In my view, there is a weak point in current practice in the power of the Commission to reject applications it considers to be incomplete on a discretionary basis. This often happens haphazardly and arbitrarily, without knowledge of the special characteristics of the product and the geographical area. It is also necessary to establish measures against the circumvention of deadlines in the registration process in the form of the Commission coming up with more and more comments and supplementary questions.
Diane Dodds (NI). – Mr President, may I also thank Mr Scottà for the work in this important report.
I want to refer specifically to Amendment 4, which asks for the maximum amount of information to be made available to the consumer. It also supports the introduction of comprehensive and compulsory legislation for ‘place of farming’ labelling.
Whilst these are laudable aims, I believe the amendment is too restrictive and would perhaps be better as a voluntary piece of information.
In Northern Ireland, we rely heavily on the ability to export produce to the rest of the UK and other European countries. This amendment has the potential to affect Northern Ireland’s ability to sell products in certain markets where currently there is no difficulty, and I feel that it is important that new labelling does not create barriers which prevent trade between different Member States.
Whilst Amendment 4 poses some difficulty, I recognise the important work of the report and I recognise the importance of producing traceable, high quality and safe products.
Vito Bonsignore (PPE). – (IT) Mr President, ladies and gentlemen, with this vote, we have provided ourselves with a means by which to protect consumers and to add due value to agricultural produce: a goal that we have sought to achieve for a long time.
From today, the origin must be clearly indicated on the label of meat products, dairy products, fruit and vegetables, poultry and other processed single-ingredient products. As far as animals are concerned, the place of origin must be given as a single defined location only where the animals are born, reared and slaughtered in the same country.
This is an intervention by which due recognition can be given to agricultural producers and to those who process agricultural produce. We have shown that the European Parliament has just one goal where its action on agricultural foodstuffs is concerned, and that is to guarantee the quality and accessibility of the information available to consumers.
We have done a good job. My compliments to those Members who have worked on this dossier.
Syed Kamall (ECR). – Mr President, in principle, I have no problem with the idea of quality logos. We see quality logos in a number of areas of our life. Just so long as this is not being used as an excuse to override the choices of the consumer.
If food does not meet certain size restrictions or aesthetic restrictions, we should not be throwing it away, throwing it onto the heap, as we see happen with 30% of European agricultural produce that is often wasted because it does not meet strict European standards.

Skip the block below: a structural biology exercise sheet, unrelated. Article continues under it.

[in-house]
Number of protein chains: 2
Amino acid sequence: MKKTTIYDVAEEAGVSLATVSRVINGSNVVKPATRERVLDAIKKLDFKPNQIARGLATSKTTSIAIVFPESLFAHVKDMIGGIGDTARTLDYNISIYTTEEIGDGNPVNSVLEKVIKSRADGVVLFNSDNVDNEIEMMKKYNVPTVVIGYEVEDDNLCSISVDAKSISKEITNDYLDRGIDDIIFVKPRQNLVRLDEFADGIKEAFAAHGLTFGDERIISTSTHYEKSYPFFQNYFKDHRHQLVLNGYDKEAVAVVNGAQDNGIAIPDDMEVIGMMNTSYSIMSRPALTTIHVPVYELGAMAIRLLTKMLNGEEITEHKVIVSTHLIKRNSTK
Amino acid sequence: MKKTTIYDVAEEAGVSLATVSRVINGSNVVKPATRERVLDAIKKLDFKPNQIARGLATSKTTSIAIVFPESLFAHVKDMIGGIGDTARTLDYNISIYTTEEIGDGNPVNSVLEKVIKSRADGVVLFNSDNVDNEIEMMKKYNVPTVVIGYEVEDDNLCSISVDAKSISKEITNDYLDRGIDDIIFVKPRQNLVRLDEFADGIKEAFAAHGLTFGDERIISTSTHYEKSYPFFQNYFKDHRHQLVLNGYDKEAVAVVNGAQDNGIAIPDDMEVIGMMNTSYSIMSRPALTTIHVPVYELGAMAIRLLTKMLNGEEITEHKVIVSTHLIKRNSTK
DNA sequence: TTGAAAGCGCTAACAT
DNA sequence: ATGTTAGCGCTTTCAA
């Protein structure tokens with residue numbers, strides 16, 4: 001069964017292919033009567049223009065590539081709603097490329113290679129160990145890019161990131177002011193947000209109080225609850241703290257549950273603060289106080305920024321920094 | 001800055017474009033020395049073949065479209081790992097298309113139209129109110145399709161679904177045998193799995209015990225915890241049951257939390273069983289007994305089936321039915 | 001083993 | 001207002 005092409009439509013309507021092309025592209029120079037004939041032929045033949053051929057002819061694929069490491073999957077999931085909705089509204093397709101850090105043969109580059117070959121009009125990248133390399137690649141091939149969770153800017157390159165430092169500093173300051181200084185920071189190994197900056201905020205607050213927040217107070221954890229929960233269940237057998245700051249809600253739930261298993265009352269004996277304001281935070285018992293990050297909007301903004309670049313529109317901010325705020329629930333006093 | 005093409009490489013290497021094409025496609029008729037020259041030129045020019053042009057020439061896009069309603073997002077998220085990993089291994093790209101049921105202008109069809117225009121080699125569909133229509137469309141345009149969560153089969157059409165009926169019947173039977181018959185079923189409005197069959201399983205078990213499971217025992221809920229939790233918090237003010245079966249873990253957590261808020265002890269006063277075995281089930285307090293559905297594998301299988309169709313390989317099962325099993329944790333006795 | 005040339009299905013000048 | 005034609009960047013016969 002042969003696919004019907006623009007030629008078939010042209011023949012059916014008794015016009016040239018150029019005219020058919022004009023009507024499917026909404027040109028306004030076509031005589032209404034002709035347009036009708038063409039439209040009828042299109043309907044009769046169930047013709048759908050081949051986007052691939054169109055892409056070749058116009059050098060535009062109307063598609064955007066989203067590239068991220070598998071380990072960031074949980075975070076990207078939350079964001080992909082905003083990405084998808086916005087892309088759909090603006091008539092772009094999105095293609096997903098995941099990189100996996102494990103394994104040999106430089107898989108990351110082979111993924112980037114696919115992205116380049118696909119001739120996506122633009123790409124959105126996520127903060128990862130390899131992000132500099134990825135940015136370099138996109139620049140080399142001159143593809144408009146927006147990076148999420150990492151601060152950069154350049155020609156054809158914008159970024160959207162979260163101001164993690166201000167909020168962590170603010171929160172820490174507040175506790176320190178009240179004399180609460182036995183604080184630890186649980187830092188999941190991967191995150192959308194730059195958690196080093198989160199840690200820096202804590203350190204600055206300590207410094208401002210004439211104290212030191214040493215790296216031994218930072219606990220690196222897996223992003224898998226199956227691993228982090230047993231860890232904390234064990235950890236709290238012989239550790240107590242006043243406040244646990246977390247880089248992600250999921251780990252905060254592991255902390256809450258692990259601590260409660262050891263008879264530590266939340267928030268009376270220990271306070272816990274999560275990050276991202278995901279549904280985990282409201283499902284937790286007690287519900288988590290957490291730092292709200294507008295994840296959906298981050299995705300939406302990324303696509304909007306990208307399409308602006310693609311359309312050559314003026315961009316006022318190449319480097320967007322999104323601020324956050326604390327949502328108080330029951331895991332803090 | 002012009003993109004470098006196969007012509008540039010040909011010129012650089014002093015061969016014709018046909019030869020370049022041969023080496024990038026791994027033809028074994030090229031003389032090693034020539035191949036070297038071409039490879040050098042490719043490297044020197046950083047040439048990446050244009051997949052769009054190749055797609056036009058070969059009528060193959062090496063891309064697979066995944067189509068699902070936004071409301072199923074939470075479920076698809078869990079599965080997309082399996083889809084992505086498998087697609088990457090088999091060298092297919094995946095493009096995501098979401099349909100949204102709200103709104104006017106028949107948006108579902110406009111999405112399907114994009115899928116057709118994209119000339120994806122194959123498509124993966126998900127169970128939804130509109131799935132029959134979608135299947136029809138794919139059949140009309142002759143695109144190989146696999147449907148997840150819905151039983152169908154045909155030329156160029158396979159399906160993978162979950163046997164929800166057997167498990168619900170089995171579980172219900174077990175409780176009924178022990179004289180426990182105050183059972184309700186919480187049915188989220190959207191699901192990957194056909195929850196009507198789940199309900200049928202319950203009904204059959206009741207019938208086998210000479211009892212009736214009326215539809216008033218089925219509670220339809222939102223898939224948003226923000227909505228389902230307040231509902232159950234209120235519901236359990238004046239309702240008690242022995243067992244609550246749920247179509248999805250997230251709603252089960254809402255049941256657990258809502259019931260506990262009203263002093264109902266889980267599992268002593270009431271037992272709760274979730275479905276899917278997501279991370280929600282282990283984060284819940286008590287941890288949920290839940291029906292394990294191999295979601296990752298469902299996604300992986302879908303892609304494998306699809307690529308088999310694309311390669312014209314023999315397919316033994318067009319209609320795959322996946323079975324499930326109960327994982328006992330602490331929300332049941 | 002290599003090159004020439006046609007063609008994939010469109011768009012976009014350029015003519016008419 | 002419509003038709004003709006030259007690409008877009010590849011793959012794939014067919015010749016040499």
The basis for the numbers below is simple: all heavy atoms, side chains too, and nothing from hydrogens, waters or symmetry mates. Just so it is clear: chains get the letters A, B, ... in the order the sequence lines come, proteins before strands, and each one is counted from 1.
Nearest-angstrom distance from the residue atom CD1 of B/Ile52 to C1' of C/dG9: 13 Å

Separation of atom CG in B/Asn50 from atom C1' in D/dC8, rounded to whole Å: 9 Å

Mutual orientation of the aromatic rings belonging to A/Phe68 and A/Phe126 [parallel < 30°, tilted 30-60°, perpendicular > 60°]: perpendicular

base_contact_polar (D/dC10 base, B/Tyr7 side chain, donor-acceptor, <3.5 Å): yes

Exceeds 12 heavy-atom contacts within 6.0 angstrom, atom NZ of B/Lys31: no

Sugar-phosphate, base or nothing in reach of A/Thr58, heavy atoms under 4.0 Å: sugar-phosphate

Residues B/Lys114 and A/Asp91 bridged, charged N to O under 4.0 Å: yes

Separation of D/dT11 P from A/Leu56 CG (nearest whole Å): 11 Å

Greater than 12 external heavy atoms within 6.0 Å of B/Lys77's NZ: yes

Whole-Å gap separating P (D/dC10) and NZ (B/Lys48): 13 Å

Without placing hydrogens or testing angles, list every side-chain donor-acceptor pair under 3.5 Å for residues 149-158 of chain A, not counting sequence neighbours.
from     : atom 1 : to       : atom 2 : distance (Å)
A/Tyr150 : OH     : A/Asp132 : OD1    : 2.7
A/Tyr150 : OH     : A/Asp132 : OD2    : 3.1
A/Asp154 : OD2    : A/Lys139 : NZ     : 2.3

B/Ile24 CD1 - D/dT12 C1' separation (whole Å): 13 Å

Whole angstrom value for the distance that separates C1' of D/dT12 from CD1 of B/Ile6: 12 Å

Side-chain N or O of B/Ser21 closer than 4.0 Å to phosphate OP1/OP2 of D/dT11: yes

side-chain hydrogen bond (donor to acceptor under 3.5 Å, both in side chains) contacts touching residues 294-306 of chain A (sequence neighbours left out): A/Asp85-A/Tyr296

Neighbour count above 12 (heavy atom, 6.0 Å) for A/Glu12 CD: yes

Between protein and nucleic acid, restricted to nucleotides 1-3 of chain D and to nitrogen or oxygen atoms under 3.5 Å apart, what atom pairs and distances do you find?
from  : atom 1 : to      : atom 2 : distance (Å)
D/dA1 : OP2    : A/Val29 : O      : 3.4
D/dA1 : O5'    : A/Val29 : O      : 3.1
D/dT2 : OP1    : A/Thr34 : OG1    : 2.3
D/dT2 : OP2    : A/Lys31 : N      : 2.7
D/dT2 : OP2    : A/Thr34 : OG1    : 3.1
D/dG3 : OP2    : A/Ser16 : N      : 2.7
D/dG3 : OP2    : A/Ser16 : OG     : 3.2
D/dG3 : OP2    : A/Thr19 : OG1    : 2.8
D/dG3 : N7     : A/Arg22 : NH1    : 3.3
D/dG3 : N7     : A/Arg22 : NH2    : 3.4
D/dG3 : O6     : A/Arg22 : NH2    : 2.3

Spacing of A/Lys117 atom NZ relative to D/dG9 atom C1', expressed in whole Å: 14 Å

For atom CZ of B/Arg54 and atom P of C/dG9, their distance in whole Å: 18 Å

We should also not be using our quality standards as an excuse to ban imports from farmers in developing countries, throwing those farmers into poverty, and then taking our taxpayers’ money to throw at corrupt governments when the farmers fall into poverty.
Surely, rather than quality marks and gestures like this, we should be trusting the market, we should trust the consumers and we should trust the people.
Miroslav Mikolášik (PPE). – (SK) I voted against this report because, as is often the case with other reports, in this own-initiative report, Europe again advances its own concept of so-called reproductive and sexual rights, which it forces on people in developing countries.
It must be made clear once and for all that, according to the World Health Organisation definition, this concept includes abortion as a method of family planning. Human life is sacred from conception until natural death, and therefore I could not support this report. On the other hand, there are some good ideas there, which might, of course, help people in developing countries, and it could therefore be said that, as hundreds of millions of people in developing countries have to face the consequences of rising prices of basic products and foodstuffs, they will confront the problem of survival in these ways. I am alarmed by the estimates of international financial institutions that the billions of people already on the planet will increase by hundreds of millions more and that in sub Saharan Africa, child mortality will increase by between 30 000 and 50 000.
Joe Higgins (GUE/NGL). – (GA) Mr President, I voted in favour of the report on the effect the financial and economic crisis is having on the poor countries of the world. Although the report does not give a sufficiently radical response to the problems of poor countries, at the same time, we can agree with many of the things that it includes.
It is poor people and poor countries that are suffering the most as a result of the economic crisis. We should give all the help we can with regard to public investment, particularly in these countries. However, it must also be said that the trade agreements the European Union has with poor countries are not really favourable to them. Large European companies benefit most from these agreements; small producers, small farmers and working people do not benefit from them and, as such, we must change the way we work with these countries.
Diane Dodds (NI). – Mr President, I voted against paragraph 7 of this report and I was disturbed to see, yet again, this Parliament using a report of this nature to covertly introduce the right to abortion and also the linkage of sexual and reproductive health to that of public health in developing nations.